So, should I get a Leonardo just to test the stuff on that? :wink:

Out again..

As of January 15, 2018, Site fix-up work has begun! Now do your part and report any bugs or deficiencies here

No guarantees, but if we don't report problems they won't get much of  a chance to be fixed! Details/discussions at link given just above.

 

"Some questions have no answers."[C Baird] "There comes a point where the spoon-feeding has to stop and the independent thinking has to start." [C Lawson] "There are always ways to disagree, without being disagreeable."[E Weddington] "Words represent concepts. Use the wrong words, communicate the wrong concept." [J Morin] "Persistence only goes so far if you set yourself up for failure." [Kartman]

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The two machines i tired it on was WindowsXP 32bit & windows8 64bit

Yep to test the hardware i tired the Atmel DFU bootloader for the device (for flip programming). The PC was able to recognize it & install the drivers for it (Windows8 64bit).
Im sure its ok but the flip program doesn't work on my win8 so i cant download a hex file to it. I would say the flip program would run on xp. I pointed to the inf file & to the directory type way & using other lufa examples, none of them worked. In some cases a USB a device wasn't even seen.
Before that i even tired a LED flasher & it worked too.

Here are the fuses in the device
BODLEVEL = 2V6
HWBE = [X]
OCDEN = [ ]
JTAGEN = [ ]
SPIEN = [X]
WDTON = [ ]
EESAVE = [ ]
BOOTSZ = 2048W_3800
BOOTRST = [X]
CKDIV8 = [ ]
CKOUT = [ ]
SUT_CKSEL = EXTXOSC_8MHZ_XX_16KCK_65MS

EXTENDED = 0xF3 (valid)
HIGH = 0xD8 (valid)
LOW = 0xFF (valid)

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Huh i have a 16MHZ crystal on my board & it was like that from factory. I dont like how atmel studio have changed the fuse wording & its kind of hard to see (more bold please). Is that fuse external crystal 8MHZ to maximum??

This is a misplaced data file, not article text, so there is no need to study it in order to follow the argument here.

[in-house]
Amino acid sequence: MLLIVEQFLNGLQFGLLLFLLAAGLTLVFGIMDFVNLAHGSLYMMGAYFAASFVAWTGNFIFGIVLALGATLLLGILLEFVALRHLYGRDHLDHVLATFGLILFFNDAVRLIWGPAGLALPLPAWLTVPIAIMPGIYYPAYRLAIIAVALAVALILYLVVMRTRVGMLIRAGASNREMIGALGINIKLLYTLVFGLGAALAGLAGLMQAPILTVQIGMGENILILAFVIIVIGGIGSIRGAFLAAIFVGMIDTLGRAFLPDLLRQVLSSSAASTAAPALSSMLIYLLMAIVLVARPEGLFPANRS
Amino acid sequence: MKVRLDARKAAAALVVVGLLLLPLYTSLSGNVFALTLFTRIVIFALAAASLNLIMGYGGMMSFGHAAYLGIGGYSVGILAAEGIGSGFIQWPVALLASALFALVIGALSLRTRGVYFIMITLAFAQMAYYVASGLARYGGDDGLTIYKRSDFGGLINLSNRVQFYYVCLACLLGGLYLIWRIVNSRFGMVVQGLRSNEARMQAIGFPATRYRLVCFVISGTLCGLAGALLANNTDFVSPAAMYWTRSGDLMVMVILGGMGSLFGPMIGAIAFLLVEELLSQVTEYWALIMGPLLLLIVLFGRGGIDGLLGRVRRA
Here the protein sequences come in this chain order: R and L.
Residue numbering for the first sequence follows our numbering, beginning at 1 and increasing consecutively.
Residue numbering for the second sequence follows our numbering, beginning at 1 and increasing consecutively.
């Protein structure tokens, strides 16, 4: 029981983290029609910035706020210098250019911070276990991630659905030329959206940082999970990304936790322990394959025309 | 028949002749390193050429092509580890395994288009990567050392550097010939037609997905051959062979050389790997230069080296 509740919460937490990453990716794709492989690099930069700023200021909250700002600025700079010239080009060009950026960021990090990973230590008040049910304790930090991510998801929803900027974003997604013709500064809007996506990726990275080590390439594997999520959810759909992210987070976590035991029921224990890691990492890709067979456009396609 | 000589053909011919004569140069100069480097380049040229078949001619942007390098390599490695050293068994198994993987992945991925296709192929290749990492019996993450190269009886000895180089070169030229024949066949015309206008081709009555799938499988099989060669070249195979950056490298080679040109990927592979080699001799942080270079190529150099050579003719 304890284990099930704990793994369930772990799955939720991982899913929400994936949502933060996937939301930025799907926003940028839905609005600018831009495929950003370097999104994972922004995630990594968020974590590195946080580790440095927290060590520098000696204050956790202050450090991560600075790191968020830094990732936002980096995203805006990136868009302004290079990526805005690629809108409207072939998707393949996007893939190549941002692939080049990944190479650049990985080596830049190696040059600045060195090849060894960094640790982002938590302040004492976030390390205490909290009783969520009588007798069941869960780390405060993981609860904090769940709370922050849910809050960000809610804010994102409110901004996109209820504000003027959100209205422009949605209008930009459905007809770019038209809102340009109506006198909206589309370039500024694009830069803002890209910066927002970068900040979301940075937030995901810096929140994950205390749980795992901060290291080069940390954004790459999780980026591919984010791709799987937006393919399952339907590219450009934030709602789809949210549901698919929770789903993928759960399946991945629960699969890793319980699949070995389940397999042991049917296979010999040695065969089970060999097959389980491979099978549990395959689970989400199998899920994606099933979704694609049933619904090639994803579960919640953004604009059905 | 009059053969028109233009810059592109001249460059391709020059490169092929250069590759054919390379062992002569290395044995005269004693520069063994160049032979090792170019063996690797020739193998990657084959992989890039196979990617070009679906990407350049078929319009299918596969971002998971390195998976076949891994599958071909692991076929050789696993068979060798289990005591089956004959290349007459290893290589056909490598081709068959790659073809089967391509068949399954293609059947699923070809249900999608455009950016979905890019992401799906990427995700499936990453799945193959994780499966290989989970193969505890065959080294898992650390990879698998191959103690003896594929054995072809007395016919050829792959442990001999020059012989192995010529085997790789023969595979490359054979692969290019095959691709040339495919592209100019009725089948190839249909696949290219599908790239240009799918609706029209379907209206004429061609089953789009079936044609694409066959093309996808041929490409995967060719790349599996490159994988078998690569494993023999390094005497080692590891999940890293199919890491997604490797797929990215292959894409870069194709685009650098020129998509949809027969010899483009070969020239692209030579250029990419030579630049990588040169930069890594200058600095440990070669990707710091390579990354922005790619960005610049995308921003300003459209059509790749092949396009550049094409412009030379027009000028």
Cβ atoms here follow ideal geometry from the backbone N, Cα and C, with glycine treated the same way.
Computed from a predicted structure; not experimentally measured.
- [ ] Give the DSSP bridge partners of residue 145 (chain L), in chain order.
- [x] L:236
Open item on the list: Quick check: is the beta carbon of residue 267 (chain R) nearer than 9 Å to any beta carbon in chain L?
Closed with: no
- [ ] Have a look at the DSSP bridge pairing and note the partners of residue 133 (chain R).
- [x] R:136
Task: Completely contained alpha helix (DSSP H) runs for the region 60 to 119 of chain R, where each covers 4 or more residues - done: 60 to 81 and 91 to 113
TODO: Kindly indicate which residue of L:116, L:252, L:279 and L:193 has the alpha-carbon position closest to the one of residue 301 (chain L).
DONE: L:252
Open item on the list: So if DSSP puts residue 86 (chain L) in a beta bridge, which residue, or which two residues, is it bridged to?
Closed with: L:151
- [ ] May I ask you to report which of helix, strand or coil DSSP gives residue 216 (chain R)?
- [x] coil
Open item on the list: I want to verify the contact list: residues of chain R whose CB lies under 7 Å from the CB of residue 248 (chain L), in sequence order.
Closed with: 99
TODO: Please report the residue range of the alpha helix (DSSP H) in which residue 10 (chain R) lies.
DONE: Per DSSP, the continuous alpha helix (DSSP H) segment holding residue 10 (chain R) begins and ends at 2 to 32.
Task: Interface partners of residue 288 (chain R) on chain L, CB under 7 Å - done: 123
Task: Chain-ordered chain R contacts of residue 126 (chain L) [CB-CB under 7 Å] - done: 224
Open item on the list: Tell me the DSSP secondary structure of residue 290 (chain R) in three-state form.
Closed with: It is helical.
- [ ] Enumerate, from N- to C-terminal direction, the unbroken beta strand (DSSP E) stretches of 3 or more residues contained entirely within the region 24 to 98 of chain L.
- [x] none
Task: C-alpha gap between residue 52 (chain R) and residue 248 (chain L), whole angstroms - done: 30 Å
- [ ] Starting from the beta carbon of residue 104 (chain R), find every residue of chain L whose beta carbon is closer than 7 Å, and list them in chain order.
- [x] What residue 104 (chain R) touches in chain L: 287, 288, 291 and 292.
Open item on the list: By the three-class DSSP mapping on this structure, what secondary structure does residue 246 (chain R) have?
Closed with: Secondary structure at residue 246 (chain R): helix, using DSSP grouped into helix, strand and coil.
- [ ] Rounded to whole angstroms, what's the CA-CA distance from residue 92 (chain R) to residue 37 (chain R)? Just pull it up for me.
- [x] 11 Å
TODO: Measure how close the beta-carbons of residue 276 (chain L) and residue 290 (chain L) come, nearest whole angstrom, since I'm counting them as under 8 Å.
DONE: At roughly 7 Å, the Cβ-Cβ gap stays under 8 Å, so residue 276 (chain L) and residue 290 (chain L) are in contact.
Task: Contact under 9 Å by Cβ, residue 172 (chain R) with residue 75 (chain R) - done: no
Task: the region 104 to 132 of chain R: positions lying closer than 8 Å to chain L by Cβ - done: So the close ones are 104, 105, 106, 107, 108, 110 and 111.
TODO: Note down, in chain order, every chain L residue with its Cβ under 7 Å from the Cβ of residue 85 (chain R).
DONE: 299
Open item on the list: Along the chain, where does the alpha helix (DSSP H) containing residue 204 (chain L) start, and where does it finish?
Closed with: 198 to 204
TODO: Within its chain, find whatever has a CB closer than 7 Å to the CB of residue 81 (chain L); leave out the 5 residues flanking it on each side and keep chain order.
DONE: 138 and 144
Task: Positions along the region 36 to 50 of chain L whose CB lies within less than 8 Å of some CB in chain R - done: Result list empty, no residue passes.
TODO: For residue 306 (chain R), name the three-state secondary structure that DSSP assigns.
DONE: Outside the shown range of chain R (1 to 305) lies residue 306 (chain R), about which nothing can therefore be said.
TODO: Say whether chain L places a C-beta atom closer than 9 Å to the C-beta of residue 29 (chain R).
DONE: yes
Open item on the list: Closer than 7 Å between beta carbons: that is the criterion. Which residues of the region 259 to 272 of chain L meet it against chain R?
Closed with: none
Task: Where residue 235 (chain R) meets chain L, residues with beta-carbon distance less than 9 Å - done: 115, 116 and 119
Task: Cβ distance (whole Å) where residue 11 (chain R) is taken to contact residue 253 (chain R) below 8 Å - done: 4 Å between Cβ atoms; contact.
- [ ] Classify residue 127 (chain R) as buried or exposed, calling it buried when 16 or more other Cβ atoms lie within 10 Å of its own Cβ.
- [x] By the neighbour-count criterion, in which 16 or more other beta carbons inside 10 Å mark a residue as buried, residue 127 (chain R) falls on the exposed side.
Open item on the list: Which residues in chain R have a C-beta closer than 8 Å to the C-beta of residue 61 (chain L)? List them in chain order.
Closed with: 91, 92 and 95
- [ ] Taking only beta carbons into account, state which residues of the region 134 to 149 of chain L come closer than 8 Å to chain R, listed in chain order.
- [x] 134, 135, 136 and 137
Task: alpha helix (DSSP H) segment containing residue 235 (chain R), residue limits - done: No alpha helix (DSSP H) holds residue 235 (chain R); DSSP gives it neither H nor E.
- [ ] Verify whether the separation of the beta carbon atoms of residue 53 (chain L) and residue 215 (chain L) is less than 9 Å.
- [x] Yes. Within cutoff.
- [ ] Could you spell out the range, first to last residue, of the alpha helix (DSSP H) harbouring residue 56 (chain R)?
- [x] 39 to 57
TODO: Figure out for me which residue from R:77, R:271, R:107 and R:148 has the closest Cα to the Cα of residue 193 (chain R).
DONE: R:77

Well i changed it & now im locked out of ISP mode. Damn! Going to have to find a way around that now. Ive done it before so ill see how i go. I have also noticed that this board ties the HWB pin to ground. Bugger that could have been causing issues to?

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Quote:

Bugger that could have been causing issues to?

Depends if there was a bootloader there or not. If there wasn't then execution may have started at the bootloader section but as it was full of 0xFFFF which kind of execute as NOP then control would eventually run to the end of flash then wrap to the beginning and execute your app code at 0x0000. But if there was a bootloader it could have "caught" the execution. Or I guess there's also a vague possibility that with a very large app that spills into the bootloader section control actually enters it part way through.

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I got the IC working again took a whole day.
I selected the .4 to .9MHZ external crystal & didnt have one to suit. I programmed another chip to feed a .3MHZ square wave into the pin & that got it going to change the fuse. I also had to lower the target frequency.

Is LUFA dependent on frequency? such as programming it or its operation frequency? i cant see any operation frequency in code. My crystal is 16MHZ.

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Quote:

Is LUFA dependent on frequency? such as programming it or its operation frequency? i cant see any operation frequency in code. My crystal is 16MHZ.

The USB AVR8 devices *must* have either a 8MHz or 16MHz crystal, which you indicate to LUFA via the F_USB compile token.

- Dean :twisted:

Make Atmel Studio better with my free extensions. Open source and feedback welcome!

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Do i add #define F_CPU 16000000 in the .c file with main() in it?

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Dean said "F_USB", not "F_CPU".

Both are defined in the project settings. (Project menu, project Properties. Then the Toolchain tab, and in the tree control AVR/GNU C Compiler, and sub-item Symbols.)

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Quote:

Dean said "F_USB", not "F_CPU".

Bugger i missed the above.

I haven't seen that before in avr studio6.1. I know there was something like that in 4 but it may of only been for the simulator? Ill try the changes & see how it goes. Thanks.

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Bingo That changed its life, it now sees it as a device. Ill have to try test it out further now.